Australian Defence Force personnel feel their mental health has deteriorated over the past year amid signs of a rift between military leaders and troops.

An internal Defence survey has found the proportion of personnel who rated their own mental health to be good or very good fell from 60.8 per cent to 57 per cent in 2015. The latest survey was taken by more than 20,000 ADF members and public servants though only military personnel answered that question, with the army returning a rate of 56 per cent, the navy 57 per cent, and the air force 60 per cent, all down on 2014 figures.

It comes despite significant investment in mental health services in recent years and an ongoing dispute over whether personnel should be given annual screening. While Defence last year moved to screen members more often, especially those deemed most at risk, it favoured a “voluntary and anonymous online self-screening tool” over annual screening.

A Senate inquiry report recently added to the growing number of reviews and submissions recommending annual screening and the Turnbull government has two months to respond.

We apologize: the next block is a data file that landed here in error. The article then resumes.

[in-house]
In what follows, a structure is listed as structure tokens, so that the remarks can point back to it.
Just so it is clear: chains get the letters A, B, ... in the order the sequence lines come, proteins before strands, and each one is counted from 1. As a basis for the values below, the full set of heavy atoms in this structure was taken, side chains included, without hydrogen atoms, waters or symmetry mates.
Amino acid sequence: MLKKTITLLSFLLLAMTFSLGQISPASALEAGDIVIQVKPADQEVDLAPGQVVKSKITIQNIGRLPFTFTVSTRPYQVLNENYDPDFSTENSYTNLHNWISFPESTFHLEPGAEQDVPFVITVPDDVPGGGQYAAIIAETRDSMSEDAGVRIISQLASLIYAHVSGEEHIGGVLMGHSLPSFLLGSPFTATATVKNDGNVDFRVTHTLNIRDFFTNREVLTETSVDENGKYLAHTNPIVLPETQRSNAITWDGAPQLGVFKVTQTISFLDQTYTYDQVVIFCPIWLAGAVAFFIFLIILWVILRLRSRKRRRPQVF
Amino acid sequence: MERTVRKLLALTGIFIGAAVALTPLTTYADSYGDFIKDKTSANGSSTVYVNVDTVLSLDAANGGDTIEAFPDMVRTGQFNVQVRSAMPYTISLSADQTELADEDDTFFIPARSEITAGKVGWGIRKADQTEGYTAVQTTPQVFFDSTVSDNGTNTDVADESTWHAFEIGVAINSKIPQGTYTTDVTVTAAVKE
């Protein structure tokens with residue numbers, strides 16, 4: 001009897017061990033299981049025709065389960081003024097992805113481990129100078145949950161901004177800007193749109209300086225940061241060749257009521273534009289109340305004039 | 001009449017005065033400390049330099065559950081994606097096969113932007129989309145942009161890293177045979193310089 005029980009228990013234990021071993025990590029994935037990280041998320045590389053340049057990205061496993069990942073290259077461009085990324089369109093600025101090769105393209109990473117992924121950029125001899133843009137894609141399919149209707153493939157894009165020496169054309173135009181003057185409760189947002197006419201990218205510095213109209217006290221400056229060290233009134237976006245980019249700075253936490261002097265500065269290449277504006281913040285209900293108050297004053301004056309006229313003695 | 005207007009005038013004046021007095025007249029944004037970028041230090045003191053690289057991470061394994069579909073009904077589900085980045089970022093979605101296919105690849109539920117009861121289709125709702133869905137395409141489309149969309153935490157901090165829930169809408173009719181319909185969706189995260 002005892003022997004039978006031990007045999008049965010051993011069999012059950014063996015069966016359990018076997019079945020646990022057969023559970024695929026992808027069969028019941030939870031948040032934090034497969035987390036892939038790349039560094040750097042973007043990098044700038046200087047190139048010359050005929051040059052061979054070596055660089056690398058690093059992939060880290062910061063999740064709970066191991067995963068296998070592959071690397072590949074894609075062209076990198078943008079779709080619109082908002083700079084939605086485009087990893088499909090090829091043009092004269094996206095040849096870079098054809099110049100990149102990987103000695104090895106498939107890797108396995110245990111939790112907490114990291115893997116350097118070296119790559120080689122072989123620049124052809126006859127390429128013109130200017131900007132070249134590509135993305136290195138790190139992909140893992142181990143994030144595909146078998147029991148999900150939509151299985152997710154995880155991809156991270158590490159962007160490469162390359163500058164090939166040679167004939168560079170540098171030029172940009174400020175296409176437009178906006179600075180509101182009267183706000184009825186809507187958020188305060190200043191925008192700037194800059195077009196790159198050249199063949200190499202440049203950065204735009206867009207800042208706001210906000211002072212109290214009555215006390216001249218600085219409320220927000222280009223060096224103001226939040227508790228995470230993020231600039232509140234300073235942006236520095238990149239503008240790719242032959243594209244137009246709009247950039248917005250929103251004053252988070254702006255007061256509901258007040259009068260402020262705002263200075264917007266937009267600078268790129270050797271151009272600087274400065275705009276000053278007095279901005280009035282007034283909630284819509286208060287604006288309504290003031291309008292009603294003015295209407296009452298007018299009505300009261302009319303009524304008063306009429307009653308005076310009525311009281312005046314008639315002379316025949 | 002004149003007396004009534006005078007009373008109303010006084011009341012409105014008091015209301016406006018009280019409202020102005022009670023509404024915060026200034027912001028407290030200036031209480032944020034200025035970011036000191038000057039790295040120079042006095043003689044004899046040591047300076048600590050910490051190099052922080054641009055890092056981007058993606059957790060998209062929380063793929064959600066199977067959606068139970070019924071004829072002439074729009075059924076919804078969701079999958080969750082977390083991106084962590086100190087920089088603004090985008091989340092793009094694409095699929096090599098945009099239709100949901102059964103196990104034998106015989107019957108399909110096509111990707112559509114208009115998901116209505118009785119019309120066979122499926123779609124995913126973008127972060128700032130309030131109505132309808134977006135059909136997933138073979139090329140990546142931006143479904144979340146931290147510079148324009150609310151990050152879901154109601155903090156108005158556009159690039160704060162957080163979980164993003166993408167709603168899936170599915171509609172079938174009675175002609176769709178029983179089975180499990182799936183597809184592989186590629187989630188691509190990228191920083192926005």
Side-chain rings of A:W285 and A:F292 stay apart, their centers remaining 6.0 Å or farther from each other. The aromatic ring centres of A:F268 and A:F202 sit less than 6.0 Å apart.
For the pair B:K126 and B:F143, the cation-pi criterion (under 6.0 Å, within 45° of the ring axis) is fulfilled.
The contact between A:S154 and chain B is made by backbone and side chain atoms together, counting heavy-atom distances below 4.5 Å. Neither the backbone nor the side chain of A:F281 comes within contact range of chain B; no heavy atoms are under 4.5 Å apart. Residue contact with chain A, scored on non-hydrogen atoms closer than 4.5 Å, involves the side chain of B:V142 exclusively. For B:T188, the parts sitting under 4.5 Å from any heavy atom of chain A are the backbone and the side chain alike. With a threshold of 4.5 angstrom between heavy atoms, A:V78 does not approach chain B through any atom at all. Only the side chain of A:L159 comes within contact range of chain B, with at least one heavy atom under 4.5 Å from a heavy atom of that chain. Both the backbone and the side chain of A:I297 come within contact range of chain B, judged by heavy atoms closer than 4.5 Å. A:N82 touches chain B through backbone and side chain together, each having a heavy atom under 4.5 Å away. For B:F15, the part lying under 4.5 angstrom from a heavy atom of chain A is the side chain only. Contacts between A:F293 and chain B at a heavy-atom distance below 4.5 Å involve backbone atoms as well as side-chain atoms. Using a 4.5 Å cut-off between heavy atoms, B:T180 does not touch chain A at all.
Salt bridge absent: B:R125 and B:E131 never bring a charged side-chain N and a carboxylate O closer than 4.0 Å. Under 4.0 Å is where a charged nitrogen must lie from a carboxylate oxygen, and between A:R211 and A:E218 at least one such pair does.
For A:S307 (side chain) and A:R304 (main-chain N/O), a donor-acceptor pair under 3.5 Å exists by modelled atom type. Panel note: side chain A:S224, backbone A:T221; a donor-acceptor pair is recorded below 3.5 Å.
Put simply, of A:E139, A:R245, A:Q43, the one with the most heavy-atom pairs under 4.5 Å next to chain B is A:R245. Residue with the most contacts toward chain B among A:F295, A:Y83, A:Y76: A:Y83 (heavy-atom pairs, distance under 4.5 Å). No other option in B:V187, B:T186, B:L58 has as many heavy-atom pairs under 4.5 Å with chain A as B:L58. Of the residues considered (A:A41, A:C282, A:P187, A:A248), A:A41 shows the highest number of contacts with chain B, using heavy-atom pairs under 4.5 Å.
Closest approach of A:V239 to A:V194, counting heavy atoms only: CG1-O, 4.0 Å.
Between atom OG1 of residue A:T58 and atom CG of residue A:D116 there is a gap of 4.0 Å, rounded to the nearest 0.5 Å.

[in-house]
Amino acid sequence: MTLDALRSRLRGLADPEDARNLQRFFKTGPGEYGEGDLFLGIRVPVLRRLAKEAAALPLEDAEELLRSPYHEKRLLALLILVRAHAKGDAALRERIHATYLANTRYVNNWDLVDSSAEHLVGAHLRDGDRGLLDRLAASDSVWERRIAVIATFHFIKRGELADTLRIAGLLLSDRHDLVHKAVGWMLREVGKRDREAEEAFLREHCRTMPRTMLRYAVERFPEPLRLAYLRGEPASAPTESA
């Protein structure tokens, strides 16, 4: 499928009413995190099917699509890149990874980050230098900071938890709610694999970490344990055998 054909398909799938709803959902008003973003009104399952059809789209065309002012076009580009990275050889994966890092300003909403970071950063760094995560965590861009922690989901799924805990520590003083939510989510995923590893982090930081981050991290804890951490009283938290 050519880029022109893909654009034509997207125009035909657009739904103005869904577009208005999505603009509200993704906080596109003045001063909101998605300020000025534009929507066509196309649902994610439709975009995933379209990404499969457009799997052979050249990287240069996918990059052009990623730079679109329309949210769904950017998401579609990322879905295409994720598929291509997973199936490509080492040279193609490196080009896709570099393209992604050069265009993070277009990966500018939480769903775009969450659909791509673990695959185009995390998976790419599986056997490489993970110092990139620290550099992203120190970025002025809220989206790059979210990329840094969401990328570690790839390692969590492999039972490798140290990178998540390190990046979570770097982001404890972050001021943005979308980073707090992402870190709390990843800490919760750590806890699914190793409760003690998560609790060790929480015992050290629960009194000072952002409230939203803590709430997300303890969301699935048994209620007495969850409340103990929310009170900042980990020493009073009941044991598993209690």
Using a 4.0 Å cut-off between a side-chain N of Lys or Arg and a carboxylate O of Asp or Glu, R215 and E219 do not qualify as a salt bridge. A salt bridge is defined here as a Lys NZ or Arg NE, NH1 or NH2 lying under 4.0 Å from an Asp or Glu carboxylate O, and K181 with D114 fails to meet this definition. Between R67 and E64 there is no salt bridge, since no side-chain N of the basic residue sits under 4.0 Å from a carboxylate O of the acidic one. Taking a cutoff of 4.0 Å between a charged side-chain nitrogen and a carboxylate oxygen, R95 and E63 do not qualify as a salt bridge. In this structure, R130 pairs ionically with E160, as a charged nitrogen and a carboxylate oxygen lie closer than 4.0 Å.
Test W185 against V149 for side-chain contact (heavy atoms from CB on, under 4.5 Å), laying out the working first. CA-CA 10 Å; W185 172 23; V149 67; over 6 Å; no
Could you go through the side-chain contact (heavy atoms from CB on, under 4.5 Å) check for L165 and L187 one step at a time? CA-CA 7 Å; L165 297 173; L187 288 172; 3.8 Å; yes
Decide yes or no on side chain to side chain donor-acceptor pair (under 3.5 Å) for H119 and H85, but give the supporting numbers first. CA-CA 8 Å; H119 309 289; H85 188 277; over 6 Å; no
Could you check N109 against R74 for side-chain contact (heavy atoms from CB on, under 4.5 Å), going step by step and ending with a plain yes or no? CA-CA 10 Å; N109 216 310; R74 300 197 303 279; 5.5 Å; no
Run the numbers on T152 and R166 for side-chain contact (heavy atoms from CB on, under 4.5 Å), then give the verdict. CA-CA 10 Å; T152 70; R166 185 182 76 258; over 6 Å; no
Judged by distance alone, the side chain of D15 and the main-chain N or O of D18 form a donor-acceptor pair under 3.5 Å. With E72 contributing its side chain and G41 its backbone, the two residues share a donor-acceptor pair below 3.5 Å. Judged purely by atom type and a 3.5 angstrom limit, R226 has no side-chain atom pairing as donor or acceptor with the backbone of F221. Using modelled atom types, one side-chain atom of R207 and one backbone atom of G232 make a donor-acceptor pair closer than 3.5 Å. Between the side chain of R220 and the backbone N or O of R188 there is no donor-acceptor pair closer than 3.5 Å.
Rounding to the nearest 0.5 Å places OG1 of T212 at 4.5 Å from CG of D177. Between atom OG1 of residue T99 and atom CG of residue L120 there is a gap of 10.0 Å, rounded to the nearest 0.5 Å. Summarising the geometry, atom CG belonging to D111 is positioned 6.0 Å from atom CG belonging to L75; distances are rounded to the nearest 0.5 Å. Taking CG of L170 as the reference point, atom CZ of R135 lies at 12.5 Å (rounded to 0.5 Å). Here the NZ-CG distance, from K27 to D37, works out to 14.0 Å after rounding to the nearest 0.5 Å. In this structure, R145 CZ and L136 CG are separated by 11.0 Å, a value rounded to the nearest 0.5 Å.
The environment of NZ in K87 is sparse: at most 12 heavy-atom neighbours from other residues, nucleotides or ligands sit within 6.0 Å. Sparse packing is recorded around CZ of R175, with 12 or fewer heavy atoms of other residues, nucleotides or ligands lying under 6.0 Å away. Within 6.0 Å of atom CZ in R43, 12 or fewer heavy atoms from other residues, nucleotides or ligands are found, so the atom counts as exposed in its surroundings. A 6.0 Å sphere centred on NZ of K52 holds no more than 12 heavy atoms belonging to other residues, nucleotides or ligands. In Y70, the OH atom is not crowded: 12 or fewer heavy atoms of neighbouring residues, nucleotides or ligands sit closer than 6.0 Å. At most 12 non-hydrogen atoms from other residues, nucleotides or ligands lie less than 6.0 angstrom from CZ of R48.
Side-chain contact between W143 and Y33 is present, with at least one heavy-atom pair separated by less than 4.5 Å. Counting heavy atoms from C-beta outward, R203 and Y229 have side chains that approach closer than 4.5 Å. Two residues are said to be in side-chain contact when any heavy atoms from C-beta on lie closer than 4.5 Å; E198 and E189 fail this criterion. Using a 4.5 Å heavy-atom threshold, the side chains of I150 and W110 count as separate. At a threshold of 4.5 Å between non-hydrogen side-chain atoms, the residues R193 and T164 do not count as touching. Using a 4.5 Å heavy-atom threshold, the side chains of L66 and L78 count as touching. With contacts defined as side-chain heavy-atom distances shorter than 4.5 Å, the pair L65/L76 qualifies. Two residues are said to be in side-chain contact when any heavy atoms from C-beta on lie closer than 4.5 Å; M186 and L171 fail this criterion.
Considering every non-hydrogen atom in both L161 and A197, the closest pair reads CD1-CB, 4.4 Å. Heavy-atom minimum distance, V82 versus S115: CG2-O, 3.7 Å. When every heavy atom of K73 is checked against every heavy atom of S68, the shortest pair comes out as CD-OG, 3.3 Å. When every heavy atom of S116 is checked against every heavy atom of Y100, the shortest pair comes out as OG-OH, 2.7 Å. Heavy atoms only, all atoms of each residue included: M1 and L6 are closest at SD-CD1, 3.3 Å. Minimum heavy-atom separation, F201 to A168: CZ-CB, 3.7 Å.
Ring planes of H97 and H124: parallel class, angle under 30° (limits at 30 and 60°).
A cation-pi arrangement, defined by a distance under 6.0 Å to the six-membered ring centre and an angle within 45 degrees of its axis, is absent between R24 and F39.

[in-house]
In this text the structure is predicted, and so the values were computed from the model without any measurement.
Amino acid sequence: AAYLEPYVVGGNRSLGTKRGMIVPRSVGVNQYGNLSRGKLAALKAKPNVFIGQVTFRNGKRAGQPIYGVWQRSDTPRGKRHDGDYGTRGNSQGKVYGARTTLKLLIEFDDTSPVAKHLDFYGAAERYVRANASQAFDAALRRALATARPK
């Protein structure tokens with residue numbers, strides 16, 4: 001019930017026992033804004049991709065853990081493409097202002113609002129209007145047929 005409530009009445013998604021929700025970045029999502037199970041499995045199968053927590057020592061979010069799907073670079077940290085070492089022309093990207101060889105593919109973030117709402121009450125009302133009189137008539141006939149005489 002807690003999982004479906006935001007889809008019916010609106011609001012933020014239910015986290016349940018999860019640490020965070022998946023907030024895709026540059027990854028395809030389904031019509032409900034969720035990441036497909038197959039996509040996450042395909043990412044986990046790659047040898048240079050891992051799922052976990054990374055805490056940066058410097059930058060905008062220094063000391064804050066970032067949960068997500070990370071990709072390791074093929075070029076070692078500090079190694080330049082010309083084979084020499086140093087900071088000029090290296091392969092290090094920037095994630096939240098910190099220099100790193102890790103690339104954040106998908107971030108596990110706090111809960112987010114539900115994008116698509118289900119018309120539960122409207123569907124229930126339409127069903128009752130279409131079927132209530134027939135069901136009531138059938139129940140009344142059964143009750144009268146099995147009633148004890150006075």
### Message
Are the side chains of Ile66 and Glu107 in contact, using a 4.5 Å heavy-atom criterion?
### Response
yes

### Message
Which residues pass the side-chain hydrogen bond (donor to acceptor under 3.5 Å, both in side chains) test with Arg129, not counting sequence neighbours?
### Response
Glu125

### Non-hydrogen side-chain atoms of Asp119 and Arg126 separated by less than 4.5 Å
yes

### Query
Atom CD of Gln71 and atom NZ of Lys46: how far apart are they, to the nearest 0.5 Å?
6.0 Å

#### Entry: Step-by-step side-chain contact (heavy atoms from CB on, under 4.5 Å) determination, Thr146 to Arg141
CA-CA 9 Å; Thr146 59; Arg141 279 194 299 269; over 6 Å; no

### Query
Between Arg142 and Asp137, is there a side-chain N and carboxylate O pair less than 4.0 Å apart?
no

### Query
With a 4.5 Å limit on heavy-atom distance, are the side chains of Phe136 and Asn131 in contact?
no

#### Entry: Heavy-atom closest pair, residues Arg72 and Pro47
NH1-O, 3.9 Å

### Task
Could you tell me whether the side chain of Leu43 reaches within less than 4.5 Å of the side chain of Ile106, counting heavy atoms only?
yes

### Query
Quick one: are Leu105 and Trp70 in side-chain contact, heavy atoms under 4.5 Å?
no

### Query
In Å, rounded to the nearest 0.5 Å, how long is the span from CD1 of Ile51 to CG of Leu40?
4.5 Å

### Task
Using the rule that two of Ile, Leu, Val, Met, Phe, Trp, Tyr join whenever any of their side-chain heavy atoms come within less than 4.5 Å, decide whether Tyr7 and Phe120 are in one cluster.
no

“Defence is currently considering the Senate inquiry report and its recommendations for opportunities to build on the significant work we have already undertaken,” the department said in a statement.

While pride in Defence improved last year, and more members felt a sense of belonging, there was a notable deterioration in workplace-specific results. Confidence in Defence senior leadership fell from 54.1 per cent to 49 per cent, with similar concerns in the proportion of respondents who felt valued by Defence for the work they did (down from 45.4 per cent to 42 per cent), encouraged to have a positive work-life balance (down from 57.3 per cent to 55 per cent) and trust in Defence to operate with fairness and integrity (down from 64.9 per cent to 63 per cent). The proportion of military personnel who felt they had no personal control over their career increased from 34.6 per cent to 37 per cent.

In a letter to The Australian last week, ADF Chief Mark Binskin, Vice-Chief Ray Griggs and the chiefs of the army, navy and air force responded to criticism of the ADF for its handling of the social media activity of Islamic affairs strategic adviser Captain Mona Shindy, saying they were pushing for “much needed cultural change”.

But Australian Defence Association executive director Neil James warned diversity should not be prioritised at the expense of the defence force’s other needs.

Tasmanian senator Jacqui Lambie, who served as a soldier between 1989 and 2000, will use the upcoming federal election to campaign for Defence personnel to be given greater support.

This article first appeared on ‘The Australian’ on 19 April 2016.


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